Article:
|Westpac (including St George)||1,878,662|
Who owns The Big Four banks in Australia?
HSBC, JPMorgan, National Nominees Ltd and Citicorp collectively own a minority share in each of The Big Four banks.
|Bank||Share in Big Four banks|
|HSBC||6.91% of Westpac; 16.83% of NAB; 18.48% of ANZ; 14.80% of CommBank|
|JPMorgan||12.75% of Westpac; 12.03% of NAB; 14.40% of ANZ; 11.57% of CommBank|
|National Nominees Limited||9.93% of Westpac; 10.14% of NAB; 11.76% of ANZ; 8.5% of CommBank|
|Citicorp||4.94% of Westpac; 4% of NAB; 4.15% of ANZ; 4.47% of CommBank|
*Source: Credit Card Compare
Which Big Four bank suits me best?
Availability of customer service
|Big Four Bank||Phone||Live Chat|
|NAB||Mon-Fri 8am - 7pm (AEST/AEDT)Sat-Sun 9am - 6pm (AEST/AEDT)||Yes|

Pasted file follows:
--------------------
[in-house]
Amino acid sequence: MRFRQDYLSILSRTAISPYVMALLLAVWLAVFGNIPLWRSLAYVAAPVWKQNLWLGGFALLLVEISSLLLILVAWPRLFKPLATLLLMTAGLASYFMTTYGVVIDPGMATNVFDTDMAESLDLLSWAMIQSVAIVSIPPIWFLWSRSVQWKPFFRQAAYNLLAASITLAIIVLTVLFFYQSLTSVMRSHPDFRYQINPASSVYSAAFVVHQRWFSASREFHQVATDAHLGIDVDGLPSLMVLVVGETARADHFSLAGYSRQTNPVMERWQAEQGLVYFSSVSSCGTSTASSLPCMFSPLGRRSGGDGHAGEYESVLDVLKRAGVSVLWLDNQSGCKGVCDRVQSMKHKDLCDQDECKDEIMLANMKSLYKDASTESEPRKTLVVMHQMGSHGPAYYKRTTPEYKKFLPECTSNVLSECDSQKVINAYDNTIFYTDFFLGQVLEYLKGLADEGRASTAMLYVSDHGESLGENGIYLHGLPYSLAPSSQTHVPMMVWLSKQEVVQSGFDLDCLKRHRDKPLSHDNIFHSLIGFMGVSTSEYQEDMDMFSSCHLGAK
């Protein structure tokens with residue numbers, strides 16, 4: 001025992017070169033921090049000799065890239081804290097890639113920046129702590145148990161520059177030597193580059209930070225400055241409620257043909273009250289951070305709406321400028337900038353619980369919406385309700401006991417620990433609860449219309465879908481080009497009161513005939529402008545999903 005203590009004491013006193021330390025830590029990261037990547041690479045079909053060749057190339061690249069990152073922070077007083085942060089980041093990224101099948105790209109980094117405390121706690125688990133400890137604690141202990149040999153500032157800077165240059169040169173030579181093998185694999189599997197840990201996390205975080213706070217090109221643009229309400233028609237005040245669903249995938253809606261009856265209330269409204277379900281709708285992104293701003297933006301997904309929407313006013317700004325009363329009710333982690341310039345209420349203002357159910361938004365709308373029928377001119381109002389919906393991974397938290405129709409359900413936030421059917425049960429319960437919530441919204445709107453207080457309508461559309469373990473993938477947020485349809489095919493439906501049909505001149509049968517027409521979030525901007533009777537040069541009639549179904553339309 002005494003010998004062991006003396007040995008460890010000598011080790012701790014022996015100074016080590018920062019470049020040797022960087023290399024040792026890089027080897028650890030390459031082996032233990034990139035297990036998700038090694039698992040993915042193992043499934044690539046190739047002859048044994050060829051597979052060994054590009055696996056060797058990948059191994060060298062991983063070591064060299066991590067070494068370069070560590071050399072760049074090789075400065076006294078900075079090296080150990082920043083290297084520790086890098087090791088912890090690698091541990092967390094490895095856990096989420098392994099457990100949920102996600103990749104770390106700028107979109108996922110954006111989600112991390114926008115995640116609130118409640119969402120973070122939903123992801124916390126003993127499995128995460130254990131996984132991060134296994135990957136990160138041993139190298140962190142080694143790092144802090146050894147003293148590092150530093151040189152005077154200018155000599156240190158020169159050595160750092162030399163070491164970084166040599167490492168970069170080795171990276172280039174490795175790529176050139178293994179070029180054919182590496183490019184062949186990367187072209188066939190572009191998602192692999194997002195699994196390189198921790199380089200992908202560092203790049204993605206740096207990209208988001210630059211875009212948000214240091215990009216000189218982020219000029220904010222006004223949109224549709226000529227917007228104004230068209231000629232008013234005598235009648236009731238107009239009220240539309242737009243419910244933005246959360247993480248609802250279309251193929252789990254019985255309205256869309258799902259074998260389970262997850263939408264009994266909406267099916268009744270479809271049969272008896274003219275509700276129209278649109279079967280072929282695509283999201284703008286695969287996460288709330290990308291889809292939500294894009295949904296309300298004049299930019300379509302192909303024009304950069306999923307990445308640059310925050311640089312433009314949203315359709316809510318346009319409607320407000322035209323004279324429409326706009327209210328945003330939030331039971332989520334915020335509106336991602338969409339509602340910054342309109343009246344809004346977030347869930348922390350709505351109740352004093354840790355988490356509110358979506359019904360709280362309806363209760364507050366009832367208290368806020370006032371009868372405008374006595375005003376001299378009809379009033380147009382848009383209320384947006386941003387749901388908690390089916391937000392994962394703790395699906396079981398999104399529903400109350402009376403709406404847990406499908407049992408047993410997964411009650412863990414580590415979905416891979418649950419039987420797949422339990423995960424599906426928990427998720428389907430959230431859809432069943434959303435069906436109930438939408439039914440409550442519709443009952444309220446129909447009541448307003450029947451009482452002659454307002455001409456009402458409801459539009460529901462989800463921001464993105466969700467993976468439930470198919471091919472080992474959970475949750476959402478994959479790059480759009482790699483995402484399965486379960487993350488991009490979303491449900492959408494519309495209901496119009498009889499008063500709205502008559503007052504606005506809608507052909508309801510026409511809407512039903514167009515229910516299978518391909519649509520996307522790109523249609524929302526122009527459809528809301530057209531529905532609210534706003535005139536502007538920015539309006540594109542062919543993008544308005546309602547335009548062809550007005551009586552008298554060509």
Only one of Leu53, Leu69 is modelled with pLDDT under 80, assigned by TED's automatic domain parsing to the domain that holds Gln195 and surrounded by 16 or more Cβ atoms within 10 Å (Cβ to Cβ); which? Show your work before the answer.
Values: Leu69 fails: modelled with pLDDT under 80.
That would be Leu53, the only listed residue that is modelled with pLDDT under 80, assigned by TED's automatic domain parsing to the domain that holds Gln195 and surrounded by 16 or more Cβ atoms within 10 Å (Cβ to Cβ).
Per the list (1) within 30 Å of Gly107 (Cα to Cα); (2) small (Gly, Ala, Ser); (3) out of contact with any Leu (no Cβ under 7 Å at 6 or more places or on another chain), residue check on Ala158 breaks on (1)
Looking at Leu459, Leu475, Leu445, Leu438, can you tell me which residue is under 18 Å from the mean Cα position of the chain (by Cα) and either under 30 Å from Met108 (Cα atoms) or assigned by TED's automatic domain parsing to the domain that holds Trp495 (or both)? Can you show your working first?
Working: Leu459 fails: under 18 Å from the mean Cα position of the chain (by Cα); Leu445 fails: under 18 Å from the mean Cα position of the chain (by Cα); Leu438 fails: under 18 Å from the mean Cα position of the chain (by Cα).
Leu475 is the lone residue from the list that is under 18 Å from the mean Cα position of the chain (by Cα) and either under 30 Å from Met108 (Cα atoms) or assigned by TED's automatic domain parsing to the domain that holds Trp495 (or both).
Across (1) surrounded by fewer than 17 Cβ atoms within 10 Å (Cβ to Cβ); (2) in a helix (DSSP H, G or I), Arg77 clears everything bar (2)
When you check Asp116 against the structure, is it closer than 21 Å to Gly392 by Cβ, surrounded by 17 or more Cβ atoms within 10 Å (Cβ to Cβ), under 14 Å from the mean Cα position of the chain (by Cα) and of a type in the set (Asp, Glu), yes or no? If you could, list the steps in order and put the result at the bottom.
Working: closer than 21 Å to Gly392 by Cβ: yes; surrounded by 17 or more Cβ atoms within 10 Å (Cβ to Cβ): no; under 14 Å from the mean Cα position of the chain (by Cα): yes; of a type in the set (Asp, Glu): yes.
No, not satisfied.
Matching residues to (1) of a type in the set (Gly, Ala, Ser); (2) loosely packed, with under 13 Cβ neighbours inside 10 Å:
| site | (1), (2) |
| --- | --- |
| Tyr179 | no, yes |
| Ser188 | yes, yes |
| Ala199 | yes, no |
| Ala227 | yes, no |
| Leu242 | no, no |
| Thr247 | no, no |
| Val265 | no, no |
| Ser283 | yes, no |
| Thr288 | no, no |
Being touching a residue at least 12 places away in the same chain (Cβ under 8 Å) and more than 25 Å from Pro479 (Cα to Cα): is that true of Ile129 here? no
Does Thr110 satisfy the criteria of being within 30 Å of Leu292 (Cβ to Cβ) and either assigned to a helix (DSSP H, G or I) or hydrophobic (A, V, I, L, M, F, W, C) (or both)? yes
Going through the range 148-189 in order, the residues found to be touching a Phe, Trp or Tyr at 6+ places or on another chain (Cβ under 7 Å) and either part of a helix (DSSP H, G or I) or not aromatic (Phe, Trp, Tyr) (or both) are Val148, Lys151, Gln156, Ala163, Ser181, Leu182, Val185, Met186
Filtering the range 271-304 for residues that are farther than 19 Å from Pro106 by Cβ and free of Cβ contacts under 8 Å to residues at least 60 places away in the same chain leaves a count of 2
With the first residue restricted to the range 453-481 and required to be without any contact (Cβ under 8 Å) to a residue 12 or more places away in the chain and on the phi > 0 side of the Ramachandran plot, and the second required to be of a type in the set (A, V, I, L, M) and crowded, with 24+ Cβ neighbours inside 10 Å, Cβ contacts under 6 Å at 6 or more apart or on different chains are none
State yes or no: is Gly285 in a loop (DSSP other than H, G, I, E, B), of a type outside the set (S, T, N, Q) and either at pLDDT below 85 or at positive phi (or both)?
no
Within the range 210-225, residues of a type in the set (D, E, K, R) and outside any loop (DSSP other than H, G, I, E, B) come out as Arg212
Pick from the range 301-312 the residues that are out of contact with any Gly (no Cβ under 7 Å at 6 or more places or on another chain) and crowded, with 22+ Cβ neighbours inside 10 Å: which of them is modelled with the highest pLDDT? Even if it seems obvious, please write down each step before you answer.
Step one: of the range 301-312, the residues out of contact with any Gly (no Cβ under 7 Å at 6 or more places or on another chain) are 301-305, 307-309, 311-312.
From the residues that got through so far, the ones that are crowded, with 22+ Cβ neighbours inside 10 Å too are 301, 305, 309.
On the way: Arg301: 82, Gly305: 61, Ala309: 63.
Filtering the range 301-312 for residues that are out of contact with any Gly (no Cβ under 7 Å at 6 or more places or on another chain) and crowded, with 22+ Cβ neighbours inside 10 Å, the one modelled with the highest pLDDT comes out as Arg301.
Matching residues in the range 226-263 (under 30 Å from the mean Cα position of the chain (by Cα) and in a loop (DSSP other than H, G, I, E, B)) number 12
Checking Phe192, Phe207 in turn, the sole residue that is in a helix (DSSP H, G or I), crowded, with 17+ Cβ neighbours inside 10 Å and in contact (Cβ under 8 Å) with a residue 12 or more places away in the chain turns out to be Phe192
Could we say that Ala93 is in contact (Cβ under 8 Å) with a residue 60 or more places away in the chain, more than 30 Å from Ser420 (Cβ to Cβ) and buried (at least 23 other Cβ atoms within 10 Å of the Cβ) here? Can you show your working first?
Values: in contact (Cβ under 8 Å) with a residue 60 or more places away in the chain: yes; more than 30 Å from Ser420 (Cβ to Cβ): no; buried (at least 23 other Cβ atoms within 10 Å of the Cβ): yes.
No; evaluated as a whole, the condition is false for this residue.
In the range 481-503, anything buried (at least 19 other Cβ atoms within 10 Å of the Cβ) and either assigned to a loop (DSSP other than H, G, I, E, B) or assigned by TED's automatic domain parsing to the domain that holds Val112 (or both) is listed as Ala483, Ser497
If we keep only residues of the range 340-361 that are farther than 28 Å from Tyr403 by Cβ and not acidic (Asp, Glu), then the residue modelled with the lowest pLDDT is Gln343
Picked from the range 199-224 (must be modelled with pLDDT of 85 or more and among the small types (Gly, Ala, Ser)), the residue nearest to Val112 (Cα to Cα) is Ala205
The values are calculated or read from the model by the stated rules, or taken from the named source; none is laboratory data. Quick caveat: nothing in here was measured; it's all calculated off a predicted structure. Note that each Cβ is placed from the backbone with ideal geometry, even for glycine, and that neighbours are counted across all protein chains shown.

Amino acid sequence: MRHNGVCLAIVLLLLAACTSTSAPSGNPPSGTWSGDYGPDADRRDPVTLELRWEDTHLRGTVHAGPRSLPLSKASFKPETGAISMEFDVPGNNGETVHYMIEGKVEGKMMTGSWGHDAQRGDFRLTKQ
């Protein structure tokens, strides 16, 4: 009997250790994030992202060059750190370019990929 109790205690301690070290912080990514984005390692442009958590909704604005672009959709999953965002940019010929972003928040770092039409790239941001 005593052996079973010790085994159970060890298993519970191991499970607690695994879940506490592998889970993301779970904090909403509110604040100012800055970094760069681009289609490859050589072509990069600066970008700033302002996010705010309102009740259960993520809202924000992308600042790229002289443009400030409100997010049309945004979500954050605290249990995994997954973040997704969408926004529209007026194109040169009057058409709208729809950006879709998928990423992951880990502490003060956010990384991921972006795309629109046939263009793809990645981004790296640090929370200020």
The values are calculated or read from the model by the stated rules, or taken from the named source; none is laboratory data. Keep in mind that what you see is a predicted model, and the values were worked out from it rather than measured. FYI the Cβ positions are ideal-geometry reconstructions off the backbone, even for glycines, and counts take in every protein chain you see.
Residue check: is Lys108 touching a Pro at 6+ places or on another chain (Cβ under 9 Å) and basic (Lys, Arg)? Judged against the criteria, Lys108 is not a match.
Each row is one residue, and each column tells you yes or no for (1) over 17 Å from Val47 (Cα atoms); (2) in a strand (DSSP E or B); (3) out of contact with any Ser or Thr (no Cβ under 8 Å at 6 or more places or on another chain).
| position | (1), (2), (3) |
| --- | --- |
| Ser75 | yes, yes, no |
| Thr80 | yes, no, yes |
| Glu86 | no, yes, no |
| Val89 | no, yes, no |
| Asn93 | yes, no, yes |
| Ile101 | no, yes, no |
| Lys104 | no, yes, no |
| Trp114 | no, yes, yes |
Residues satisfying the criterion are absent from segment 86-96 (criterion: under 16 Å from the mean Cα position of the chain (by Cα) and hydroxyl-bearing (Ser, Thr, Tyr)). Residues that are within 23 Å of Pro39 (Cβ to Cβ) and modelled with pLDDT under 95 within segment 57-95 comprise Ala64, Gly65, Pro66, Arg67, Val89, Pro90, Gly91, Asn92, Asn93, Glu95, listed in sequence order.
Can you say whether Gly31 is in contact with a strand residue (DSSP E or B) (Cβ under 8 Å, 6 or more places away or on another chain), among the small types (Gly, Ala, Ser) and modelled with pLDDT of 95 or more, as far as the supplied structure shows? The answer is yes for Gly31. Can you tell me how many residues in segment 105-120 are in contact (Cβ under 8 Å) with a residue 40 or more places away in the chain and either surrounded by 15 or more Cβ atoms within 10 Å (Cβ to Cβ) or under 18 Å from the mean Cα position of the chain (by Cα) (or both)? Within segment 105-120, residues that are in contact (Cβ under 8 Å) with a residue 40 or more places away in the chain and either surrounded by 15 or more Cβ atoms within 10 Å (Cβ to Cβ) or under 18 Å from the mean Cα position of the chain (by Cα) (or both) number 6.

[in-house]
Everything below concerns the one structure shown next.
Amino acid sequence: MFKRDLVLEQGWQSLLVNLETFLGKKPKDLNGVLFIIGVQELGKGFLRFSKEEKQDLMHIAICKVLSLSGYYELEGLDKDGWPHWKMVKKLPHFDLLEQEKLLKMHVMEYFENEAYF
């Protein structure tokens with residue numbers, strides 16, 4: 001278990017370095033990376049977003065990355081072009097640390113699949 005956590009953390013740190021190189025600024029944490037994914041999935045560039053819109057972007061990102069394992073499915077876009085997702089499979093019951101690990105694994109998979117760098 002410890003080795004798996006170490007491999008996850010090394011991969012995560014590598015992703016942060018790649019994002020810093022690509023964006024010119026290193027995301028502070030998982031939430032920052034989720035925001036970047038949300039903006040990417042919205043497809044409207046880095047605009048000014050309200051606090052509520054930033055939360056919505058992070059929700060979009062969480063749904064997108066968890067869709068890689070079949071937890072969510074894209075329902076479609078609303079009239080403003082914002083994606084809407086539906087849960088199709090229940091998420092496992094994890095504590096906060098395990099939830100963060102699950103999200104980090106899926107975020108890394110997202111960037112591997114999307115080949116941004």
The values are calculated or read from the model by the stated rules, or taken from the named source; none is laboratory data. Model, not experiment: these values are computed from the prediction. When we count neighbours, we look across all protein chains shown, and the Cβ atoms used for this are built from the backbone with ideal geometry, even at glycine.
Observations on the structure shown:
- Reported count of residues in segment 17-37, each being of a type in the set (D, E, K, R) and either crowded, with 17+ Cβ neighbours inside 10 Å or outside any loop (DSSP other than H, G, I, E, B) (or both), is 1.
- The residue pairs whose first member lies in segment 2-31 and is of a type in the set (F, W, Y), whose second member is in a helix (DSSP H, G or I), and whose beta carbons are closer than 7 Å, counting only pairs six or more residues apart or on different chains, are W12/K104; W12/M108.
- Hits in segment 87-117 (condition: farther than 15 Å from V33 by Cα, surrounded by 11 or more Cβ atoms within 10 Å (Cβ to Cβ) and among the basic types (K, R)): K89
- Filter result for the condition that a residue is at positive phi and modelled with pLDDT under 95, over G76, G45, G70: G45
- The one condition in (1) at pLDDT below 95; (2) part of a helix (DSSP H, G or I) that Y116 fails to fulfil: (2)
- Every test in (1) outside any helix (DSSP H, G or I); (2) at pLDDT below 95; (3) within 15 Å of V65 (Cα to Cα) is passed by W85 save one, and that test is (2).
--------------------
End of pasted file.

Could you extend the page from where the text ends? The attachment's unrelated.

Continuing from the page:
|Westpac||8am - 8pm, 7 days a week from anywhere in Australia||Yes|
|ANZ||7am - 10pm your local time in Australia||Yes|
Choosing the right bank depends on your personal financial needs. The Big Four banks all offer a similar range of products and services but there are differences. To find the better bank for you, consider the accounts and services you wish to use, for example, a no annual fee credit card and a low-fee everyday transaction account, and then compare what each bank has to offer.
What are the features I should look for when comparing savings accounts from The Big Four?
When you are looking at savings accounts offered by The Big Four, make sure you take the following features into account:
Competitive interest rate
Interest rates will help determine how quickly your savings can grow. Look at the base variable rate of the account to determine which ones have the best value. With The Big Four, each one offers a savings account that pays bonus interest for meeting specific terms. Check this rate as well, and add it to the base to see how much interest you will really be earning.